Recently I read a story in a workshop that had a character named William. He
believed that children who were born through IVF had a look to them, like in
the same way that…”children with Down syndrome have a similar
look with their facial expressions. It’s difficult to describe the look without using the word vague.”
He said, “It’s a vague expression.”
I read this and honestly, it’s something I’ve been pondering. I admit, I nag the boy. I tell him, “Stay present.” “Stay with me.” “What are you thinking about?” I barrage him with questions when we are headed somewhere public or in public. I want him to look present.
A few days ago, while sitting in the audience getting ready to see a show, I went through this routine while he stared ahead of him. He said, “Thinking Mom. I’m just thinking.”
You know…I know you are.
I’ll talk more later about his Busy Brain and The Movie in My Head. But, suffice it to say, he is thinking. All the time.
Why do the muscles in his face look lax while ours all tighten up in public? Maybe because he doesn’t care if you’re looking at him. Maybe so many of the rest of us are tied up, busy thinking about looking like we’re thinking, how much actual new creative thought and perception is going on? Not as much as goes up in Marcus’ busy brain, I’ll bet.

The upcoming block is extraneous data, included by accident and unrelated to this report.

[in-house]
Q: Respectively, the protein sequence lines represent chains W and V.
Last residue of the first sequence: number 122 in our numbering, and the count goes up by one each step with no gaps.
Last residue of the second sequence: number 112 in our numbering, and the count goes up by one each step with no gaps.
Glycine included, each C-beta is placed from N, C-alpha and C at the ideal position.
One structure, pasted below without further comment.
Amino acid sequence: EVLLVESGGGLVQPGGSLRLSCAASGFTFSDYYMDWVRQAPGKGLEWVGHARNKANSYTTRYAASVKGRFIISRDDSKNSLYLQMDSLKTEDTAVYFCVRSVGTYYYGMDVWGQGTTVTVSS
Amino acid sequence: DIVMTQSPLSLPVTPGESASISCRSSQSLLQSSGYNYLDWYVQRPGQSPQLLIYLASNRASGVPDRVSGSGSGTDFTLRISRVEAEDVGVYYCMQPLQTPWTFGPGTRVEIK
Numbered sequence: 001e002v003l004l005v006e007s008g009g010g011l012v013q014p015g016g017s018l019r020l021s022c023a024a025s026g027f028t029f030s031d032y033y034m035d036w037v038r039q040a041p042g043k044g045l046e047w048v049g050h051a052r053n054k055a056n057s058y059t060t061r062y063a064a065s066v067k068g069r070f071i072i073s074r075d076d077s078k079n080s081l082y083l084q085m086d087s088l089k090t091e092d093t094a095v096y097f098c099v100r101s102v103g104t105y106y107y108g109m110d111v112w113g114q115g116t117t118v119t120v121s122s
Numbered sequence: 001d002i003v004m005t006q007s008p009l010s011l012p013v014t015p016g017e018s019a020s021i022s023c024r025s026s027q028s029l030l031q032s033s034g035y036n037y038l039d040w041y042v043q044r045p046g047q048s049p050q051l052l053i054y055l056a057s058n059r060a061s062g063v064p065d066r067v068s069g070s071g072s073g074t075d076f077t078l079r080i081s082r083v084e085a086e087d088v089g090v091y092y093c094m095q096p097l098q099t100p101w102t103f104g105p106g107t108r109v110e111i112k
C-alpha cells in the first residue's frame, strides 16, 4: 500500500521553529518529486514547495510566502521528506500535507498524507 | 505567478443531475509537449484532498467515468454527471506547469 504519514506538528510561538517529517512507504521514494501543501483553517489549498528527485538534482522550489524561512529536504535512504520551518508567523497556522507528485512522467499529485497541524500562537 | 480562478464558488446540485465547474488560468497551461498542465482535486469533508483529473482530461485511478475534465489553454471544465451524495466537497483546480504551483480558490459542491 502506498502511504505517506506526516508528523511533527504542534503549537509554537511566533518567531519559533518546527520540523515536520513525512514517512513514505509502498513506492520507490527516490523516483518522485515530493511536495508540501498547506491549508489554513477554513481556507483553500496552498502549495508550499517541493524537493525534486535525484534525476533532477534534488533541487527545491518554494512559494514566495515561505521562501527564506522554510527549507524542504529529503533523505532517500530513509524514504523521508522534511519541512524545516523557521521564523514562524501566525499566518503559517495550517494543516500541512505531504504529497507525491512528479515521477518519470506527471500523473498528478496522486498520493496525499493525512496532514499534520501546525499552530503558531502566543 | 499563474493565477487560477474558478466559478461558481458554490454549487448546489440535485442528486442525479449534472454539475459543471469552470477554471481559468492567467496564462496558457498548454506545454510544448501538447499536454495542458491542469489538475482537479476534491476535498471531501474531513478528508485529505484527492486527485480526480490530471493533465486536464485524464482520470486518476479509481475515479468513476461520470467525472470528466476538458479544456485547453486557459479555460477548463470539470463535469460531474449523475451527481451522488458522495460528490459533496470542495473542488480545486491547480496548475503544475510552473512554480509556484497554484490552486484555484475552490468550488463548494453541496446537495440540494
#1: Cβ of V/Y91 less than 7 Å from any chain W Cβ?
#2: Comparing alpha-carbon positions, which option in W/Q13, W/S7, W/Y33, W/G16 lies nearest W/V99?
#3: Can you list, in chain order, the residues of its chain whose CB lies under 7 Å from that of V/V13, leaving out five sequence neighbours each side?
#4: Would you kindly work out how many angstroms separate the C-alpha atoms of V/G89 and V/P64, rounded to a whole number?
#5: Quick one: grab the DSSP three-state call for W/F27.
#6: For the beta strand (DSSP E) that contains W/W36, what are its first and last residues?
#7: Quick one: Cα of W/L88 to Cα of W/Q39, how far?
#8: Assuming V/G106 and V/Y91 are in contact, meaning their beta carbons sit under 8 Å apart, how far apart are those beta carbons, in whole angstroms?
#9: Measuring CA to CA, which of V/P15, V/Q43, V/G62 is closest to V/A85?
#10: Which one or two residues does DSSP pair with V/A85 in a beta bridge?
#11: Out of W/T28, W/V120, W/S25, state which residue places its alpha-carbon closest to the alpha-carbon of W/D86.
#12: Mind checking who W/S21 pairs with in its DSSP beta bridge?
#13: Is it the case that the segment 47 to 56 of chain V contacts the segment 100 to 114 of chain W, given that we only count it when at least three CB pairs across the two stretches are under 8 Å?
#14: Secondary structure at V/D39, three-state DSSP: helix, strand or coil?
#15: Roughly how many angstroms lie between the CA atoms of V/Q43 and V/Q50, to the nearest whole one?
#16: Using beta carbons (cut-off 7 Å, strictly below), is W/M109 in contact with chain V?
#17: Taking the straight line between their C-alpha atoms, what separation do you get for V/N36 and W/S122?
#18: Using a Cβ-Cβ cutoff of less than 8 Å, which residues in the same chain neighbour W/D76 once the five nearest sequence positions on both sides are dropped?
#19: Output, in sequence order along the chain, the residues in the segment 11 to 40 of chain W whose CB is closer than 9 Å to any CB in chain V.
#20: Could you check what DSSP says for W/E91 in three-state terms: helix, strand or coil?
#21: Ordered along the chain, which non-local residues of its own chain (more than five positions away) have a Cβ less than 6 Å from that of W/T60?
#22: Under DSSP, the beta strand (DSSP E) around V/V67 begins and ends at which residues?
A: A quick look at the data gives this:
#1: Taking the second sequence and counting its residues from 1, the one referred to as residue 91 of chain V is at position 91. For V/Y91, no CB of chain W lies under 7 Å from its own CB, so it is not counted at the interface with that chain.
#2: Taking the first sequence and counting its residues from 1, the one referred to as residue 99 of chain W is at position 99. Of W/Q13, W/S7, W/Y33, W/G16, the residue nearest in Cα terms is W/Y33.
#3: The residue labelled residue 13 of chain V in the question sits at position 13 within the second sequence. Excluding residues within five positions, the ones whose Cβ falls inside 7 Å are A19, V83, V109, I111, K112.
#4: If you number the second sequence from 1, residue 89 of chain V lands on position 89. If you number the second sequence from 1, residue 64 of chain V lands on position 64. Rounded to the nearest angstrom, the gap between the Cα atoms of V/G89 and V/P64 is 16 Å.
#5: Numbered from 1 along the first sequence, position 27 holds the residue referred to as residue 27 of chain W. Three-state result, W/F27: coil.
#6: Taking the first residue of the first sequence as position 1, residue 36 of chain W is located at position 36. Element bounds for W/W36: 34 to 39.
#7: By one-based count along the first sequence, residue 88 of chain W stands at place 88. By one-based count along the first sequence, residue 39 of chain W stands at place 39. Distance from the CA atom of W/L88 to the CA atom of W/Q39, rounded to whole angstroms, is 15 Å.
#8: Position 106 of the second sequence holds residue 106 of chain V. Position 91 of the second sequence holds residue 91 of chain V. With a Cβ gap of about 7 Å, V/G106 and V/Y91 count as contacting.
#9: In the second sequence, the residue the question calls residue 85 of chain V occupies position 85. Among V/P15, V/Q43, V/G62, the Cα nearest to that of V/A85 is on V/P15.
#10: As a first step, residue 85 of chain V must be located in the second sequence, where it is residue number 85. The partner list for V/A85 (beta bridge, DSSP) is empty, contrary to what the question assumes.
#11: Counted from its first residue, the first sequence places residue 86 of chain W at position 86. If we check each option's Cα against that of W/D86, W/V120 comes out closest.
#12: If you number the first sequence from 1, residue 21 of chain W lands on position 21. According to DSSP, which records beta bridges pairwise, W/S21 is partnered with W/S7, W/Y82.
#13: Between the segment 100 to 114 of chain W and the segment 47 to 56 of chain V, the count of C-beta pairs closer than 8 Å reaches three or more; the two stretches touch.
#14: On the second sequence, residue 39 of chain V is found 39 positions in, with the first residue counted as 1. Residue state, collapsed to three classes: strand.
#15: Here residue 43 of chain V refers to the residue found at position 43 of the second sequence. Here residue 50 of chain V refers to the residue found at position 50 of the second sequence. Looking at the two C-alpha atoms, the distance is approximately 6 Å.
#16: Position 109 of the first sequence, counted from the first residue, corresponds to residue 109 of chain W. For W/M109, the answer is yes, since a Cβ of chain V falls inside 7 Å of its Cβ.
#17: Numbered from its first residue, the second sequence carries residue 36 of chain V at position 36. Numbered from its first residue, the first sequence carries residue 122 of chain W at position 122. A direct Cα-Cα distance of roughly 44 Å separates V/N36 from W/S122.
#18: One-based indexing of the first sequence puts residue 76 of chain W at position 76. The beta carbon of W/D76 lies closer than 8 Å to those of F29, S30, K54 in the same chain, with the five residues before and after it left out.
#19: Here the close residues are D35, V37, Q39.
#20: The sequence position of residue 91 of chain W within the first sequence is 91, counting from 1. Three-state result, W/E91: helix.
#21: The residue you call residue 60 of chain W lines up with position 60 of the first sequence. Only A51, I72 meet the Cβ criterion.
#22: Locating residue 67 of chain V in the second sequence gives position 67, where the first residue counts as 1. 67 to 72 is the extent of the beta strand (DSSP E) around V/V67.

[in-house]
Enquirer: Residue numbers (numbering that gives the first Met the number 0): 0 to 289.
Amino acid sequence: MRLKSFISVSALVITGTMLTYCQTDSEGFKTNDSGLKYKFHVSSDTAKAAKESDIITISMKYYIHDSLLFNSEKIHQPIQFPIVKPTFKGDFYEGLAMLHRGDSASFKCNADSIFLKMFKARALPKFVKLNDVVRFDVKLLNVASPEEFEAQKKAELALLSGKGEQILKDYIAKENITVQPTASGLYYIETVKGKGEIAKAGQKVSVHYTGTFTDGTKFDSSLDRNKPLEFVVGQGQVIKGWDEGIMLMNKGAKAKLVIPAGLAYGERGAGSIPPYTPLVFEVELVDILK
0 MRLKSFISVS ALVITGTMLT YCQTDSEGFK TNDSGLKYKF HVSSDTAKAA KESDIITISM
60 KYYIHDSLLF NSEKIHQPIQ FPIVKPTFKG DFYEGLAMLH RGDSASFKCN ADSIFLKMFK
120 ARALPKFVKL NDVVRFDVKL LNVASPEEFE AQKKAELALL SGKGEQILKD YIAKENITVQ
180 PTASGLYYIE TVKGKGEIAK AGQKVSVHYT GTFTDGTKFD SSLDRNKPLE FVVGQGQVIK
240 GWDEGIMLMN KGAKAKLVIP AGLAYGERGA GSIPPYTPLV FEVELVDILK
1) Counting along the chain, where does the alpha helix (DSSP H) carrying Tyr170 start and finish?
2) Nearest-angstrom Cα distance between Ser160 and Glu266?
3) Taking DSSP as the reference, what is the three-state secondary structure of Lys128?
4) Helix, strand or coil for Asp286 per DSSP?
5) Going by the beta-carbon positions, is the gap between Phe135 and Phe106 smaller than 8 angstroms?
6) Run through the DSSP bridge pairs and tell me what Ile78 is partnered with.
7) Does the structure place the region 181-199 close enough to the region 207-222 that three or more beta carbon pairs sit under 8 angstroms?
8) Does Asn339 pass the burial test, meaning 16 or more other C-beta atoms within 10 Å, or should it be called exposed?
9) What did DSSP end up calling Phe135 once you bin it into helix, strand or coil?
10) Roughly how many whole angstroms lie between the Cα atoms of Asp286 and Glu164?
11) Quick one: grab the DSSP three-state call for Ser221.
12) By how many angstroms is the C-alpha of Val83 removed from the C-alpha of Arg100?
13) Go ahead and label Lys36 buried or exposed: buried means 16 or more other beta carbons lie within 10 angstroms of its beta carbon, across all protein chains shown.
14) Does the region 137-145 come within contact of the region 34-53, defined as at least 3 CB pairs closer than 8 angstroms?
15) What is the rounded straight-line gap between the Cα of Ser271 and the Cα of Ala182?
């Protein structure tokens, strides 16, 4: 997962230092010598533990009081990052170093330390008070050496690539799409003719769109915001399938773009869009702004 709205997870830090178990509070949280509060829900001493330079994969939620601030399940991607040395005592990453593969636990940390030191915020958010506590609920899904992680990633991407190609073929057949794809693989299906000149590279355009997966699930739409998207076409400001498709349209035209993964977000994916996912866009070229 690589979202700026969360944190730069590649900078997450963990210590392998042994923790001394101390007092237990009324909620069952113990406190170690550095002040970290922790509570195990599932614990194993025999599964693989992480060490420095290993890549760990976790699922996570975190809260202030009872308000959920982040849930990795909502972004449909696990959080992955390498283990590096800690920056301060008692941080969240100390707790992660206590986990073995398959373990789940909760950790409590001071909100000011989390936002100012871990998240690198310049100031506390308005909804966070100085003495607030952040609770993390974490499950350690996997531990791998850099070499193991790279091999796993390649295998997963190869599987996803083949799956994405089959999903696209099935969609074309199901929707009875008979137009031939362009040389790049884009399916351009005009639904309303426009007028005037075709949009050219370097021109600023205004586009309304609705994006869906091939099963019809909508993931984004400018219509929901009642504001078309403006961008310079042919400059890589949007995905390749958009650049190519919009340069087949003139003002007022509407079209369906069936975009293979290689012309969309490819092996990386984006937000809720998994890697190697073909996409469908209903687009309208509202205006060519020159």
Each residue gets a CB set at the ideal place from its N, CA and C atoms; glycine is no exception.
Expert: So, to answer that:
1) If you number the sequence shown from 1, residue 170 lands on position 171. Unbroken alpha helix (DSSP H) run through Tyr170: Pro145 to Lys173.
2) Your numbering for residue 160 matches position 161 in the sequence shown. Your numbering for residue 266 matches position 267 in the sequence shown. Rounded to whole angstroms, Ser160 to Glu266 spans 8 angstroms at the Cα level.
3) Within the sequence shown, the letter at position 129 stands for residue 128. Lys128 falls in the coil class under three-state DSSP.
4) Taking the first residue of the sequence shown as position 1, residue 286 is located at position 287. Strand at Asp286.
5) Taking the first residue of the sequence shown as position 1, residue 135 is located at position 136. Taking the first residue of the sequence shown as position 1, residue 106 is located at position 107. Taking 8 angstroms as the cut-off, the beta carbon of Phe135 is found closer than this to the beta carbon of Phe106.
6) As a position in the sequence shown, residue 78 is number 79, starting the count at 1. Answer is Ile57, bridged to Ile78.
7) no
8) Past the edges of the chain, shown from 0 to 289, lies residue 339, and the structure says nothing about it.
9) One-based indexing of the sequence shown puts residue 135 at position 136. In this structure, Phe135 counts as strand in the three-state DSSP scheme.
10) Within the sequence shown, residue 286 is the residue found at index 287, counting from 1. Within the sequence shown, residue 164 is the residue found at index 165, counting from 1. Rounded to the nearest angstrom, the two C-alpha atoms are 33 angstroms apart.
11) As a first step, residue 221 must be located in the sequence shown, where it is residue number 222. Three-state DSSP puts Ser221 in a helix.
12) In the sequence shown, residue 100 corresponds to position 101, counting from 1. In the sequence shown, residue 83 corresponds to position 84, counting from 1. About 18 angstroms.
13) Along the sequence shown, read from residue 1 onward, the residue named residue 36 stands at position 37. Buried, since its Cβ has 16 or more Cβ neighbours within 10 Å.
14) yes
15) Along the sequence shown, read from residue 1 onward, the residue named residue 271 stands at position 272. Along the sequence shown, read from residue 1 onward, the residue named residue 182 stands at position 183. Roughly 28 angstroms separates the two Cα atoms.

Most of the time when I pester him he replies with, “I’m fine, Mom.” Or “It’s fine.” Not with what he may likely want to say which is – “Shut the hell up. Or, leave me be…Jeesh.”
When Marcus was a baby we taught him to not let his tongue poke out of his mouth. “The tongue is a muscle,” another set of parents told me, “and can be controlled.” Should I be poking him all the time to tense up and look like he’s thinking? Or should I let him be?
Maybe instead it’s time to leave him alone and let him think and look any way he wants.